Somehow, the rain brought out this smell, but the exact process was yet  unknown until two Massachusetts Institute of Technology (MIT) scientists captured it in high-speed video.

They found that at the right velocity on the right kind of soil, a falling water drop can trap tiny air bubbles under it. Those bubbles capture molecules in the soil. As the water drop deforms, the bubbles scoot up through the drop and jet out into the air, like champagne bubbles or spray from a crashing wave.

The researchers found if the drop falls too slowly, it is absorbed; too fast, and it splatters without the bubbles emerging. “The sweet spot has to do with the velocity of the droplet and the qualities of the soil,” said Cullen R Buie, an assistant professor of mechanical engineering.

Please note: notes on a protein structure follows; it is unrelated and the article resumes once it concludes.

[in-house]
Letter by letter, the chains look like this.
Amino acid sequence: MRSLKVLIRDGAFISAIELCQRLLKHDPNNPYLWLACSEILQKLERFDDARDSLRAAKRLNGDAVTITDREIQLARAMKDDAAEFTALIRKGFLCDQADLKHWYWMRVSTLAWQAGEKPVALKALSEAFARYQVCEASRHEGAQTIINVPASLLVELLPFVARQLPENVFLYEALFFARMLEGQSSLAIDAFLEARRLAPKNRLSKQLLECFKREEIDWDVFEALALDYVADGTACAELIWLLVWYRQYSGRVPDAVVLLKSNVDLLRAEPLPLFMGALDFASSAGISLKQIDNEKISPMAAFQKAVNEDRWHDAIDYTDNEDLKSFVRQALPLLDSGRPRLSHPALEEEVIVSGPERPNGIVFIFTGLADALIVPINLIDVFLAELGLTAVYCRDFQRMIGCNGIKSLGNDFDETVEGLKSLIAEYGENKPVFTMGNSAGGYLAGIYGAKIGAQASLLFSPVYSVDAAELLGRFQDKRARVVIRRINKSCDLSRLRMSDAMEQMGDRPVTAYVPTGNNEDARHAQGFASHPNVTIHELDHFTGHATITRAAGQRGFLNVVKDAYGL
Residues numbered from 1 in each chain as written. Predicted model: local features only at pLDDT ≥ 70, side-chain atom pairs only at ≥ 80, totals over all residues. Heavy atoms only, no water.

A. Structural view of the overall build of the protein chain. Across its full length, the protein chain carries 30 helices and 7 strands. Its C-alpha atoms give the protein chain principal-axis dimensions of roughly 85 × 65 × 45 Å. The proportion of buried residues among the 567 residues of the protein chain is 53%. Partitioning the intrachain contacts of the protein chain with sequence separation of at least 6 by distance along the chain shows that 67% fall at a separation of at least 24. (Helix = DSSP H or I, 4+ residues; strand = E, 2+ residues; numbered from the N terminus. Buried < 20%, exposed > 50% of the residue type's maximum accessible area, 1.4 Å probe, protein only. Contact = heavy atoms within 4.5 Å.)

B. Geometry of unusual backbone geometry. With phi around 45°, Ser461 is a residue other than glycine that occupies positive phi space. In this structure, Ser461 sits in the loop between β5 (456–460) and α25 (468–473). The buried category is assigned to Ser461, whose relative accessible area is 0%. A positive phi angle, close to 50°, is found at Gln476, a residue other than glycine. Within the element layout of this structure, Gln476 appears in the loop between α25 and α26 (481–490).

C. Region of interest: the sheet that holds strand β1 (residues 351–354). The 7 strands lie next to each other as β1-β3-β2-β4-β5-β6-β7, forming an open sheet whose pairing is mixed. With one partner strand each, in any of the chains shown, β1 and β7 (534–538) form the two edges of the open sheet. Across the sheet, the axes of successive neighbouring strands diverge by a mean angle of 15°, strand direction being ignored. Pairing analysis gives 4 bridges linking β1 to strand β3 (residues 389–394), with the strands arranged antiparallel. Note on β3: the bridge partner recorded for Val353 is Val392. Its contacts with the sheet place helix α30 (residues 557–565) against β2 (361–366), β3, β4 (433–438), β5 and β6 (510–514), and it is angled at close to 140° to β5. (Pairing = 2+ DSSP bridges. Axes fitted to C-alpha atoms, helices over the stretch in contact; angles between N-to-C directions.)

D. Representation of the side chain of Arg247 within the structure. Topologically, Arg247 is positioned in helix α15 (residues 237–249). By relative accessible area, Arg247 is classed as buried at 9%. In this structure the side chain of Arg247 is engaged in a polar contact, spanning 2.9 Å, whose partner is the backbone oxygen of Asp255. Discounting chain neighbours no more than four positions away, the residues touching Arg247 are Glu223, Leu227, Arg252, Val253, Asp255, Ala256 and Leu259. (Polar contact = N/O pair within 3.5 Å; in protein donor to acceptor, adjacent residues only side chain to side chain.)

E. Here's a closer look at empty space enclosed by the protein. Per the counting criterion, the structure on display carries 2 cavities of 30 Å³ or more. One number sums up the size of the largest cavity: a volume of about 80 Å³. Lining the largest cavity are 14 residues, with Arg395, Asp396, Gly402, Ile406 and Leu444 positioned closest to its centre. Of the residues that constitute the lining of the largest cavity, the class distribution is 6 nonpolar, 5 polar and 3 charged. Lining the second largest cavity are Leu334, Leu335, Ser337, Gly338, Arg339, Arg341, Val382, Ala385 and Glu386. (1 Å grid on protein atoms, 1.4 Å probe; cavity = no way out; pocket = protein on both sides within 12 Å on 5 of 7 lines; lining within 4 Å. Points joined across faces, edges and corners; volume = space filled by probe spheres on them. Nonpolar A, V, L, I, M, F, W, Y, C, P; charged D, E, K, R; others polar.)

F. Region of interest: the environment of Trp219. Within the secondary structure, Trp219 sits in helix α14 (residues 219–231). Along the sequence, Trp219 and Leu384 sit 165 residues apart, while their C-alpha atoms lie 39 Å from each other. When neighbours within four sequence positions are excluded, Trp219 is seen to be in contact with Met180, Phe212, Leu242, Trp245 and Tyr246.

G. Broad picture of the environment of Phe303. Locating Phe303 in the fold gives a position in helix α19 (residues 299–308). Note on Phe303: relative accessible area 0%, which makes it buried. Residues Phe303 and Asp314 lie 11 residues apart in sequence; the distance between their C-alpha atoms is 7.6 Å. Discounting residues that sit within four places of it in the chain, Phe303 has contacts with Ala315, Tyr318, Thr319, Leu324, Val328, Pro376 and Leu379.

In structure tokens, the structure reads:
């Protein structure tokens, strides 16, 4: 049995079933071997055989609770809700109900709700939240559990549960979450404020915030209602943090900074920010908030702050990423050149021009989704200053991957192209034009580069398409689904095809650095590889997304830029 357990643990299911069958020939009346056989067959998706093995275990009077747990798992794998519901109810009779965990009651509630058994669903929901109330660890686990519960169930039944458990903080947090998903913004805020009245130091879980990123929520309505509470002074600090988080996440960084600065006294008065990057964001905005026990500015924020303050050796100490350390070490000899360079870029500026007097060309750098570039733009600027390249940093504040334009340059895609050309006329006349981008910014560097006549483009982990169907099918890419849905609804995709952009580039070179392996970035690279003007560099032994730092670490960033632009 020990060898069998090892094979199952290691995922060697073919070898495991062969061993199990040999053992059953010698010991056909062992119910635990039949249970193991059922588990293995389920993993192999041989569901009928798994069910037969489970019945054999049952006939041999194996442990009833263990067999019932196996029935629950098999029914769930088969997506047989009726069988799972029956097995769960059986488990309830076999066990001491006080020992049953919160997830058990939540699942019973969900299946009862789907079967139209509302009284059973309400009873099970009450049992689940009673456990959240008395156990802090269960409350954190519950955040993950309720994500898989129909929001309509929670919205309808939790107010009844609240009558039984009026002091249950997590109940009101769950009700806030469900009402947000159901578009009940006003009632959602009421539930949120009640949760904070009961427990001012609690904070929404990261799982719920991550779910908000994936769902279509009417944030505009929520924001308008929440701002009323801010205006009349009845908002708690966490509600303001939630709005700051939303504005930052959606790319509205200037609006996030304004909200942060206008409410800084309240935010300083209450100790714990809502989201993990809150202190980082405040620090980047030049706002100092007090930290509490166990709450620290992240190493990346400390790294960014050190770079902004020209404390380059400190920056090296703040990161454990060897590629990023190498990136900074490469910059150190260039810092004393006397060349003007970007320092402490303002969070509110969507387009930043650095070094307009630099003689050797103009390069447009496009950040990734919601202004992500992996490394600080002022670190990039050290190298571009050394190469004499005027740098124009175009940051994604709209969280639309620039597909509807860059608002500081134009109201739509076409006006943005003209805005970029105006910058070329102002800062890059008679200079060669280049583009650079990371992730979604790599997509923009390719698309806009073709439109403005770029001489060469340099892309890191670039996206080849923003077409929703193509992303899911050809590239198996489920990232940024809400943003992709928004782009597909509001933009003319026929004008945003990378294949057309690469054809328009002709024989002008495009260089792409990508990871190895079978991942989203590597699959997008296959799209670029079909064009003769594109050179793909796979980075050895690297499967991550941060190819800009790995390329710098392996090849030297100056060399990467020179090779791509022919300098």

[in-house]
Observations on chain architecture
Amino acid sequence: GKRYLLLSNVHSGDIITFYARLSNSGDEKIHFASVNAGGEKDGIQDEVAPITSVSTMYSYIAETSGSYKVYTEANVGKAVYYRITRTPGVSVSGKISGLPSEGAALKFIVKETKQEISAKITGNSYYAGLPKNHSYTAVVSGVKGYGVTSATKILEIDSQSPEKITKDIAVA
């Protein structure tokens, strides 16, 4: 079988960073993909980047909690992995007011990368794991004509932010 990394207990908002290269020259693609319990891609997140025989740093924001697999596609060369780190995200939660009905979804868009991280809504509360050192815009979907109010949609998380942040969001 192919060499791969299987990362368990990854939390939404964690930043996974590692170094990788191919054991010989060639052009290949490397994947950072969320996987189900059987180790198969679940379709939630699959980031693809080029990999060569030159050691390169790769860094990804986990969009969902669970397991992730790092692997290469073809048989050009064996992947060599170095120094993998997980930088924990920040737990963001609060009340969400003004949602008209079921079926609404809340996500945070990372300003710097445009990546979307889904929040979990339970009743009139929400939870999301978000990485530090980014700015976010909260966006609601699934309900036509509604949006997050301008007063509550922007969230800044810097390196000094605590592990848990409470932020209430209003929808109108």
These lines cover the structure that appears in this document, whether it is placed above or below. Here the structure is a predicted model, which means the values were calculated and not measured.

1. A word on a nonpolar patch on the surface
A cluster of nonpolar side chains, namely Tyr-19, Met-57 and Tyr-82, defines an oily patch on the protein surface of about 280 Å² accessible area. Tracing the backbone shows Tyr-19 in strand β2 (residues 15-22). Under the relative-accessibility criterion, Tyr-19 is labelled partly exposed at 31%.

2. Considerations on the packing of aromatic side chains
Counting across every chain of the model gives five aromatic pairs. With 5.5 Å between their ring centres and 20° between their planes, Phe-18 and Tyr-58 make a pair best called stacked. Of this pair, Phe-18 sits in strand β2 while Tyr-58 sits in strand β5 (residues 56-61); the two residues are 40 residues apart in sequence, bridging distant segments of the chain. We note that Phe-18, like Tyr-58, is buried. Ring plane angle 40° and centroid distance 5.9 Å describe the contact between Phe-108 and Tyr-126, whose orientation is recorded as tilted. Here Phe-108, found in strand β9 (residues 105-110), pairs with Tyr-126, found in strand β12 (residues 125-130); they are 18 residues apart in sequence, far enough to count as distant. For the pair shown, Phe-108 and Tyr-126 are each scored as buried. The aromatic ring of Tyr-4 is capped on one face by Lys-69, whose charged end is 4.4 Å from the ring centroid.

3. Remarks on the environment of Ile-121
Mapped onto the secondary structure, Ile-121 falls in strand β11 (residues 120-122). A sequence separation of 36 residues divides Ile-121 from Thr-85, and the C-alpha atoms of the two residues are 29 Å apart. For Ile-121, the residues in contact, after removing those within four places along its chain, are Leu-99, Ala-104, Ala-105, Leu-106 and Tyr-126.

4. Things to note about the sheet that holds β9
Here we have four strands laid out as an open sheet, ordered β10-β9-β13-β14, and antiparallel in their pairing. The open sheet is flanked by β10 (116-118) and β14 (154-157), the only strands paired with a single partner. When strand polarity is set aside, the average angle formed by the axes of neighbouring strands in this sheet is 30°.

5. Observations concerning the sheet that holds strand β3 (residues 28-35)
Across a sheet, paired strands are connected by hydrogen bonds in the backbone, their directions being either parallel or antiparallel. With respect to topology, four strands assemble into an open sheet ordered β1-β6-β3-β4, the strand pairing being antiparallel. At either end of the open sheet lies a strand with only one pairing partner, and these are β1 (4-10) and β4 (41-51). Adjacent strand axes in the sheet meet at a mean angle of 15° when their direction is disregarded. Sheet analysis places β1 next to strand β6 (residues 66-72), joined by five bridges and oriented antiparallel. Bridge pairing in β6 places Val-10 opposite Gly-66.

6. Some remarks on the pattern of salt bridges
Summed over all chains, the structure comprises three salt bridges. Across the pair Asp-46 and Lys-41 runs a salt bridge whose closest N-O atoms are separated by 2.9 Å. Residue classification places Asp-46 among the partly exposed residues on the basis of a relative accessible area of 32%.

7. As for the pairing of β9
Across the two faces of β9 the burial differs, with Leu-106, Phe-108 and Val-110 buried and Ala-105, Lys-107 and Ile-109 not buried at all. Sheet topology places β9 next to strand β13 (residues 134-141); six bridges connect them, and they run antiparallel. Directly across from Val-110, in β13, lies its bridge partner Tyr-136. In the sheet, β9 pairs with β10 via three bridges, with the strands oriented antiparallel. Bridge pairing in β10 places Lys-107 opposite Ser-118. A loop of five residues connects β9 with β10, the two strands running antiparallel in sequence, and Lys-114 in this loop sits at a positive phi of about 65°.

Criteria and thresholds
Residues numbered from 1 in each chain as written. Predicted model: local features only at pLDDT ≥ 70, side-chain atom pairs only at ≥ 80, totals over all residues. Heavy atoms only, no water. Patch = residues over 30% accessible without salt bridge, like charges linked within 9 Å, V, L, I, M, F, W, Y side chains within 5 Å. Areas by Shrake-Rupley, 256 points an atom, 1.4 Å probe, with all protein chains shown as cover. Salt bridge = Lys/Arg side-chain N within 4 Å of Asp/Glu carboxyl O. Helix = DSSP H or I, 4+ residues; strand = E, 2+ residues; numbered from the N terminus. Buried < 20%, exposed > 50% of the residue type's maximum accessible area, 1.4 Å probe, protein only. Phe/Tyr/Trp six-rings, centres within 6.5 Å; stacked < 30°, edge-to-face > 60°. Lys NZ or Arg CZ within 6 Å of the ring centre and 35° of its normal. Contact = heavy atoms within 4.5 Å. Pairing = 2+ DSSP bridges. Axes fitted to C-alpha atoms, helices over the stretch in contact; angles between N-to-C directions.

Although the weight of a raindrop wouldn’t affect the speed at which it falls in a vacuum, it does in the atmosphere. Moderate or light rain on dry soil is the recipe for petrichor. “It’s not from the rain itself,” Dr Buie said, “it’s from the earth.”

Using high-speed cameras, the MIT researchers observed that when a raindrop hits a porous surface, it traps tiny air bubbles at the point of contact. As in a glass of champagne, the bubbles then shoot upward, ultimately bursting from the drop in a fizz of aerosols.

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